For years I have struggled with how to identify myself. Not because I had an issue with who I am but because I have been surrounded by many people who have a problem with me. Let me explain.
This whole thing started three years after I moved from Ecuador to the United States, I was 9 years old then. When I went back to my native city at the age of 12, I began to hear the words “estás americanizada”. I didn’t quite know how to take that at first.
Just because I had moved to another country (well my parents moved me), it didn’t mean that I had lost myself. To say “I had become Americanized” was a big insult. And years later in college, I would see the result of that frame of mind.
I grew up in the states and went from not knowing a single word of English to become my parents’ translators. I recently said in a video application that I learned English watching Sesame Street and retained my Spanish while watching telenovelas (I should have also added Noticias Univision).
While I studied and worked in English, at home we spoke Spanish. When I was 17 or 18 I felt the need to learn things in Spanish. I took a class about Spanish language literature and read Cervantes and Alfonsina Storni en español. I kept the dictionary right next to me. There were many words that I did not know and native Spanish language speakers made me feel like I was an idiot and although I said I was Ecuadorian I lacked knowledge about Ecuadorian history, politics, and social issues. It was then that I developed an identity crisis. In college, I met fellow Ecuadorians who told me I was not “Ecuadorian enough” because of these reasons. I felt pain and shame and not a single adult around could see how that comment caused so much sadness. It would take me years to recover.
While watching novelas, listening to the radio, talking to my mom in Spanish and reading Paulo Coelho books in Spanish, I retained my fifth grade Spanish. I found that it was not that I did not know collegiate words; it was just that I hardly used them and I had forgotten them. I like to say my fifth-grade Ecuadorian education was strong. That same fifth-grade education got me through high school Spanish, and also afforded me with a chance to work in broadcast and in print in Spanish-language news years later. That same Spanish also helped me do volunteer work in Guatemala. I can’t complain.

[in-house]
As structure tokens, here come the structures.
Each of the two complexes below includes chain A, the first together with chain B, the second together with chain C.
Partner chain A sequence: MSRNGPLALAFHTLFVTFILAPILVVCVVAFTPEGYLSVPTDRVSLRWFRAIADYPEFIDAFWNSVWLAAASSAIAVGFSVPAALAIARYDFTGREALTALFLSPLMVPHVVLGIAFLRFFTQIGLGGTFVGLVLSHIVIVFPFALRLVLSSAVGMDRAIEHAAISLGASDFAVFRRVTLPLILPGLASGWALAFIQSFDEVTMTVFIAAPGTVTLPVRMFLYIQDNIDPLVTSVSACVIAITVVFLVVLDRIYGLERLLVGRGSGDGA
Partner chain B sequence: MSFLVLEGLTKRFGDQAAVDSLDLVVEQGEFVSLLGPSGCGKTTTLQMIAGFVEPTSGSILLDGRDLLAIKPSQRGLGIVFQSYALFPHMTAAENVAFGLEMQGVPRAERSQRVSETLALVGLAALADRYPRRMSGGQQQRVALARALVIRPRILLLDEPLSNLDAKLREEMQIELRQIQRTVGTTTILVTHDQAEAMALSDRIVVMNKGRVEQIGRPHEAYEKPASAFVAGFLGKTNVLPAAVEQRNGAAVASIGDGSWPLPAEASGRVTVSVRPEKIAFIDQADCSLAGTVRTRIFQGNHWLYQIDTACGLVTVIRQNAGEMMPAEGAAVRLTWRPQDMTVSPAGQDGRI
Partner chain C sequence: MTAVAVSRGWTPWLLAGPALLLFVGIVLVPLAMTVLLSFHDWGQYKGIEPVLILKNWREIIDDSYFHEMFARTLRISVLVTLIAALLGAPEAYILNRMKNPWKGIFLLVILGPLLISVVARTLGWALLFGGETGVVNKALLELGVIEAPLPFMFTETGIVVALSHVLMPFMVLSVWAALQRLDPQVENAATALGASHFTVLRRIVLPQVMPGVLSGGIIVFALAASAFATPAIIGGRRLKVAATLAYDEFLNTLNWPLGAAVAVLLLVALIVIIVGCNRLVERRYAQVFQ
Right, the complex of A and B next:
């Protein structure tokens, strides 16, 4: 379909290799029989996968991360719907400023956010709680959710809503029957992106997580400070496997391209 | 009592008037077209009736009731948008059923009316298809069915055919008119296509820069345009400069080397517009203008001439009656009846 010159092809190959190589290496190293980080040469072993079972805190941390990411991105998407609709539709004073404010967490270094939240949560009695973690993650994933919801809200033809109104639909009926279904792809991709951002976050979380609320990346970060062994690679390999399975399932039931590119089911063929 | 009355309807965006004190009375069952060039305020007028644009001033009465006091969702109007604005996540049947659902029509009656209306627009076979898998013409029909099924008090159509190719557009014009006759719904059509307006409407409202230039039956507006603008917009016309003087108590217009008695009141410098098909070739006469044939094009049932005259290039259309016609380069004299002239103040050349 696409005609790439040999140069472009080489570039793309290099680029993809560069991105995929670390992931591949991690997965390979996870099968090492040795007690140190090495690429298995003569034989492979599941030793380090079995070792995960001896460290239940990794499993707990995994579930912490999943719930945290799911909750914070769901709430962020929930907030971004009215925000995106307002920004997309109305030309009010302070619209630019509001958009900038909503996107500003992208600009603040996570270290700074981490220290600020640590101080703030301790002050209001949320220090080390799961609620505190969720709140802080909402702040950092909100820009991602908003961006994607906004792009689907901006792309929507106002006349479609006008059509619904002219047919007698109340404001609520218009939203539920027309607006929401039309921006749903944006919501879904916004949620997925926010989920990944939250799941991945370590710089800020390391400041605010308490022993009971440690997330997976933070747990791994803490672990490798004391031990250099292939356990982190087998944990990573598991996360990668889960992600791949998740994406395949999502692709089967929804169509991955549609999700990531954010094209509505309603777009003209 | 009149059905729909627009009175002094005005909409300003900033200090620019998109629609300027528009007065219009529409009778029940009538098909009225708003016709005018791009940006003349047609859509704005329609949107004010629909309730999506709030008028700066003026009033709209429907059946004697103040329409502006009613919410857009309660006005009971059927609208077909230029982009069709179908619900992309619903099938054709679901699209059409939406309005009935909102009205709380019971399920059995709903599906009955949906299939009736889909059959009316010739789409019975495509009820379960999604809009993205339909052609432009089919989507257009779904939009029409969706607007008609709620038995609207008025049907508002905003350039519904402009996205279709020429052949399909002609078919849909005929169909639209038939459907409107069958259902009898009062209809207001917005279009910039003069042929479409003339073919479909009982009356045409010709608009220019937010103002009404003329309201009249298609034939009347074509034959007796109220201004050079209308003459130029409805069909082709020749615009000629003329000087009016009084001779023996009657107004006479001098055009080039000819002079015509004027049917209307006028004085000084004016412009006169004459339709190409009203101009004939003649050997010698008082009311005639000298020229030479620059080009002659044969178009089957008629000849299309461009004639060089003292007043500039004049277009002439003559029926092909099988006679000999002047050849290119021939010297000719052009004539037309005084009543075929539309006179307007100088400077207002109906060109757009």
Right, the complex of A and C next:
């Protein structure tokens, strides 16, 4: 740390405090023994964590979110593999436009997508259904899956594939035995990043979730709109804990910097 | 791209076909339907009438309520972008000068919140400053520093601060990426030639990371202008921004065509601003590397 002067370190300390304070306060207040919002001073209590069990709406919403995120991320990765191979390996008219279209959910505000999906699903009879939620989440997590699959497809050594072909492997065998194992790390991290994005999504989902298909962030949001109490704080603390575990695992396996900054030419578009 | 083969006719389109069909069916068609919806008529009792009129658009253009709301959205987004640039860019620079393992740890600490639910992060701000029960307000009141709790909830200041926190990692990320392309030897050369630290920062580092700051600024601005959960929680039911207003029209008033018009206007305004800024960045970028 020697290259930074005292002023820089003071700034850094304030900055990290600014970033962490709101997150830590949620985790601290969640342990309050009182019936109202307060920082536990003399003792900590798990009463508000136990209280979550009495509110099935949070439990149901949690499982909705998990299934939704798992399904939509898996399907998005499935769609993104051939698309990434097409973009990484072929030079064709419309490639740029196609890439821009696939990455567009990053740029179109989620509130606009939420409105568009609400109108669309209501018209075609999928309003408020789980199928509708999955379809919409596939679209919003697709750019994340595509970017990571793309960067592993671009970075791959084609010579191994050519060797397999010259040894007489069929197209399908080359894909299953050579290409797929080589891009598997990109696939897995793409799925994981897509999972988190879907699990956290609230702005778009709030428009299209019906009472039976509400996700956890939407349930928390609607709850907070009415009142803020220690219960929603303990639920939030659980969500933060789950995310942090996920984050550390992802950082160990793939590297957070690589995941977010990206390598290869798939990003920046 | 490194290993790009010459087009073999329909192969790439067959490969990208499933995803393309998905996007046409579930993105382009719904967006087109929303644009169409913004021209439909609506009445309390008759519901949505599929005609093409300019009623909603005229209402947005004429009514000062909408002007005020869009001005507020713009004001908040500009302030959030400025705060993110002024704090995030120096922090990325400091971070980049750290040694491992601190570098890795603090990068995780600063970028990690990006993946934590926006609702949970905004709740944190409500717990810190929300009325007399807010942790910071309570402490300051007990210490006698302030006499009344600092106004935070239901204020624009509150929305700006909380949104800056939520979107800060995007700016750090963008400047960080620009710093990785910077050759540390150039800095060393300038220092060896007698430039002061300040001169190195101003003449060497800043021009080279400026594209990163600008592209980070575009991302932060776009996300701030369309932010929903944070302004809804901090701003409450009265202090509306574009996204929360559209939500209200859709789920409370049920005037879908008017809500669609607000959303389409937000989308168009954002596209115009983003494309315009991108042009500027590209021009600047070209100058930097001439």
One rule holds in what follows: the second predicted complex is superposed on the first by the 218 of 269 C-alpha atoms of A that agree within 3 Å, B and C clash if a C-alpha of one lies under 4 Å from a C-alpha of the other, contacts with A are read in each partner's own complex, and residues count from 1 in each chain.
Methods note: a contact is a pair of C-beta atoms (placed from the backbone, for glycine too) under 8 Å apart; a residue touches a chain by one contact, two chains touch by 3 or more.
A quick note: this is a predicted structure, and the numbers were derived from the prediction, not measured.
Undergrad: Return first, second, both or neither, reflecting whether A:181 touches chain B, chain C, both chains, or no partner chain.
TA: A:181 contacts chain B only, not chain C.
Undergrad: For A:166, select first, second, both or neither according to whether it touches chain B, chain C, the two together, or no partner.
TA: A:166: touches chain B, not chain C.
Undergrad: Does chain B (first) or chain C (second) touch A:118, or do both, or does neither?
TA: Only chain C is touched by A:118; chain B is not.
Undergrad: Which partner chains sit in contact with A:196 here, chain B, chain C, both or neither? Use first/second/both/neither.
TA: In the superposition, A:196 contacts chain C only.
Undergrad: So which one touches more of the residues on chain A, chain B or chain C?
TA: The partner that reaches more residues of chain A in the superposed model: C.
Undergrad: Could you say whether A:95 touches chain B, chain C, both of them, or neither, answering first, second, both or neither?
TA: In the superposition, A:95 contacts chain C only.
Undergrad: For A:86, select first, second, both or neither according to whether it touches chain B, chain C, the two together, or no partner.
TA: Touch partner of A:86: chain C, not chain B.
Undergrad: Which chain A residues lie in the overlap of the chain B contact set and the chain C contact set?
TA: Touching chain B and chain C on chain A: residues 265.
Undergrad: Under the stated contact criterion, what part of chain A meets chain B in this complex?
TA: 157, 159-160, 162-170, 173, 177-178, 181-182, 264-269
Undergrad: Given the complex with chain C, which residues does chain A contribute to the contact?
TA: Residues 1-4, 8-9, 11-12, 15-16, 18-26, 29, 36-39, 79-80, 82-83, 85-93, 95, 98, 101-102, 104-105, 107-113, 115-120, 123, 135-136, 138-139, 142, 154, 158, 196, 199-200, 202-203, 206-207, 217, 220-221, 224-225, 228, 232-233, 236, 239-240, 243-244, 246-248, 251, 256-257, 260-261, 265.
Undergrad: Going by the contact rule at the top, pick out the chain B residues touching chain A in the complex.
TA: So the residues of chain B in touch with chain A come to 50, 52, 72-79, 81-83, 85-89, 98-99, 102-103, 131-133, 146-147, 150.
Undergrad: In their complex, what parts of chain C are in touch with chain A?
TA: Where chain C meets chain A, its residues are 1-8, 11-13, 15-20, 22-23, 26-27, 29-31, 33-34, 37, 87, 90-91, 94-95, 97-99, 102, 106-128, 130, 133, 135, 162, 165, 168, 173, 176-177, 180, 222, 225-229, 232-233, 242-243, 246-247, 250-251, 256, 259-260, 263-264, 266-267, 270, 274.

My former co-workers would tell me that I needed to work on my Spanish grammar and I improved a lot. I told them that I could communicate, talk to people and write. I also shared that the last time I was in a complete Spanish-language classroom it was in high school. They understood and for that I am grateful.
I feel less judged today than I previously did. In my heart, I will always be Ecuadorian and it will take me years to relearn Ecuadorian history. I am also now a U.S. citizen and I have adjusted well to my environment. I have been living in the states now for 33 years and do deal with discrimination from time to time. I say I get discriminated here and in Ecuador. There is no win.
But when Hispanic Heritage Month comes around, I say I am a proud Latina and Ecuadorian. Yes, I know I no longer have my accent and that is okay. I still enjoy my family’s food, talk U.S. and Ecuadorian politics in both English and in Spanish, and retain my Latina-ness (if there is such a word).
I also take the time to properly remind my fellow Americans that Latinos come in all shapes, colors, and backgrounds and to be mindful of that. I do that not only during Hispanic Heritage Month but all year long.